In Research Project 1 (RP1) of our FusOnc2 U54, we aim to understand the mechanisms underpinning SS18-SSX-mediated guidance of BAF ATP-dependent chromatin remodeling complexes to target loci on chromatin. Specifically, we aim to define the specific chromatin (i.e. nucleosome/histone) features and gene targets of SS18-SSX fusion oncoprotein-bound BAF complexes. Further, we aim to link these findings with synthetic lethal dependencies, such as polycomb repressive complex 1 (PRC1) and ncBAF complex components, that we and others have identified to be specific for synovial sarcoma (SS) (Michel et al., 2018; McBride et al., 2020; McBride et al., 2018). Over the course of the first two years supported by the FusOnc2 U54, we have made exciting progress in identifying the mechanism of engagement of the SS18-SSX fusion oncoprotein and chromatin, specifically, that a basic region on the SSX 78aa component of the SS18-SSX fusion protein binds to the acidic patch of the nucleosome, and an acidic C-terminal region mediates the selective binding preference for H2AUb-decorated nucleosomes (McBride et al., 2020) (Figure 1A-B). This SSX-specific engagement results in aberrant protein subunit composition, the orientation of BAF complex modules around their nucleosome substrates, as well as chromatin remodeling activities. These findings provide a mechanistic basis for SS-specific synthetic lethal dependencies on PRC1 components, particularly the RING1A/B enzymatic components, which place ubiquitination marks on histones (H2A K119Ub) (McBride et al., 2020). With these unexpected and impactful new biochemical and genomic findings, we now aim to achieve a 3D atomic-level understanding of the interaction between the SS18-SSX fusion oncoprotein-bound BAF complexes and their nucleosome substrates. These studies are within scope of all three RP1 Specific Aims, with particular relevance to Aim 2 (Biochemically and biophysically characterize chromatin landscape features that recruit the SS18-SSX fusion) and Aim 3 (Discover and mechanistically interrogate synovial sarcoma-specific synthetic lethal dependencies). To accomplish this, we have recently formed a new collaborative partnership with Dr. Yuan He and his team at Northwestern University. Specifically, Dr. He’s structural biology team has developed approaches to solve structures of chromatin-bound complexes in their most native configurations, via advances in large protein-DNA complex assembly, cryo-EM sample preparation, data processing methods, and model building tools. His team carries a unique, highly specialized set of expertise, that is particularly enabling for the study of SS18-SSX and its endogenous chromatin interactions. Of note, SS18-SSX-bound BAF complexes are bound to chromatin at extremely high affinity, making biochemical purification and isolation of complexes very challenging (Figure 2A). Further, while we determined that SS18-SSX-bound BAF complexes exhibit biochemical preference for H2A monoubiquitinated nucleosomes (H2A K119Ub) (Figure 2B-C), other histone mark and histone mark combinations may contribute to binding and activity and may direct divergent BAF-nucleosome (chromatin) interactions. Therefore, strategies to purify native BAF-nucleosome complexes for structural determination directly from synovial sarcoma cell lines and/or in overexpression settings in human cells, adapting strategies that we have recently developed and applied in other settings (Mashtalir et al., 2020), represent major advantages to the study of the SS18-SSX fusion oncoprotein in human synovial sarcoma.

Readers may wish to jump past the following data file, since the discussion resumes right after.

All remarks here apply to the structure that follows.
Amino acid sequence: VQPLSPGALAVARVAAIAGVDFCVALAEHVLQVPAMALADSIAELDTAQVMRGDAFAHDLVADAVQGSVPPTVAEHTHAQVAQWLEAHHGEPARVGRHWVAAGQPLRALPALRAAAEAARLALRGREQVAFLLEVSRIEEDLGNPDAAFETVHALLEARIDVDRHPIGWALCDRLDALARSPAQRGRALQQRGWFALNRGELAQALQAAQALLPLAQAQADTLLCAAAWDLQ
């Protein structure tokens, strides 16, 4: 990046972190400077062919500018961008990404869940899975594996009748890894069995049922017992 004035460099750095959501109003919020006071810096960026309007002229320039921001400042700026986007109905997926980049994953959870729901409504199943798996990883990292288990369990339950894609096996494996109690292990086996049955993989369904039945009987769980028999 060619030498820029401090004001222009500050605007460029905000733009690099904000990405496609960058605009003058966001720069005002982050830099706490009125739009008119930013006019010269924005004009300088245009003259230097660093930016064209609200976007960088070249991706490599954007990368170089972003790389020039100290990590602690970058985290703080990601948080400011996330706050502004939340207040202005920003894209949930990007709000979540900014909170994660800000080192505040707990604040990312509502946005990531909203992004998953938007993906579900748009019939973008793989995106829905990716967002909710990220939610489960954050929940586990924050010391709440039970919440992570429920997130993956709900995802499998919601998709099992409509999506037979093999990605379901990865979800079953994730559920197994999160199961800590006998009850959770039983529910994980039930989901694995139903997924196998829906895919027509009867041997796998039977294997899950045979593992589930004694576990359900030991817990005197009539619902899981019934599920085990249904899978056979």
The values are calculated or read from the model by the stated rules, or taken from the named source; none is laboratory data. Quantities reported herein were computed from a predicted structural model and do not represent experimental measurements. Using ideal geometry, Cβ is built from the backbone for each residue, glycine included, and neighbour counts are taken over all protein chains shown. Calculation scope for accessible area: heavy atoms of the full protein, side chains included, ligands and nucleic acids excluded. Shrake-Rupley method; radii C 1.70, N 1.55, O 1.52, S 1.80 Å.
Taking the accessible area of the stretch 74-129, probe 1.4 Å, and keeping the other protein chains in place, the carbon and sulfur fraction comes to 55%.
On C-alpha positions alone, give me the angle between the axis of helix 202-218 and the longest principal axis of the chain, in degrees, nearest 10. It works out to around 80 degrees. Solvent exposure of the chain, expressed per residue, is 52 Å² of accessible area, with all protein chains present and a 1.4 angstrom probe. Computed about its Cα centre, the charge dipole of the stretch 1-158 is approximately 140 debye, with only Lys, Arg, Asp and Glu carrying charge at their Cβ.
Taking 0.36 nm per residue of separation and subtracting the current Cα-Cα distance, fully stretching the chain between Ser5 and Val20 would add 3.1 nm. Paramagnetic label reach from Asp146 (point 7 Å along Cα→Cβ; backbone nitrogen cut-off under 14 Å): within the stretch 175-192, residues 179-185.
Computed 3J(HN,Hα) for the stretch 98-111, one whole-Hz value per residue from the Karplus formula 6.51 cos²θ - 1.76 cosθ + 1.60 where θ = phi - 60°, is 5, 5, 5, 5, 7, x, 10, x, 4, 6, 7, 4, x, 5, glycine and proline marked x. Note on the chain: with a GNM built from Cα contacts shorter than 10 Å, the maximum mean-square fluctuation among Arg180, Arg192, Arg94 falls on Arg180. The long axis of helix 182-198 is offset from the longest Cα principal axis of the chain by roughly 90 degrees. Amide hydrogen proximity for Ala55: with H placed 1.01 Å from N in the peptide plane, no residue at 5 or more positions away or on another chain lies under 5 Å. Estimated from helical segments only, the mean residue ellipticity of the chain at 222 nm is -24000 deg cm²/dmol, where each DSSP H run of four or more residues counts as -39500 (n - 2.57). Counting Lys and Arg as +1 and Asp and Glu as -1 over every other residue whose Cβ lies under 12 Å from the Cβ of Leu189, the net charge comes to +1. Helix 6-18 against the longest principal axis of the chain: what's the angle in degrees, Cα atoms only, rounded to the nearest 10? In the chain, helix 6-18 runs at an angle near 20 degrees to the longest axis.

|Effective start/end date||9/10/21 → 6/30/23|
- Dana-Farber Cancer Institute (132501//3U54CA231638-01S1)
- National Cancer Institute (132501//3U54CA231638-01S1)
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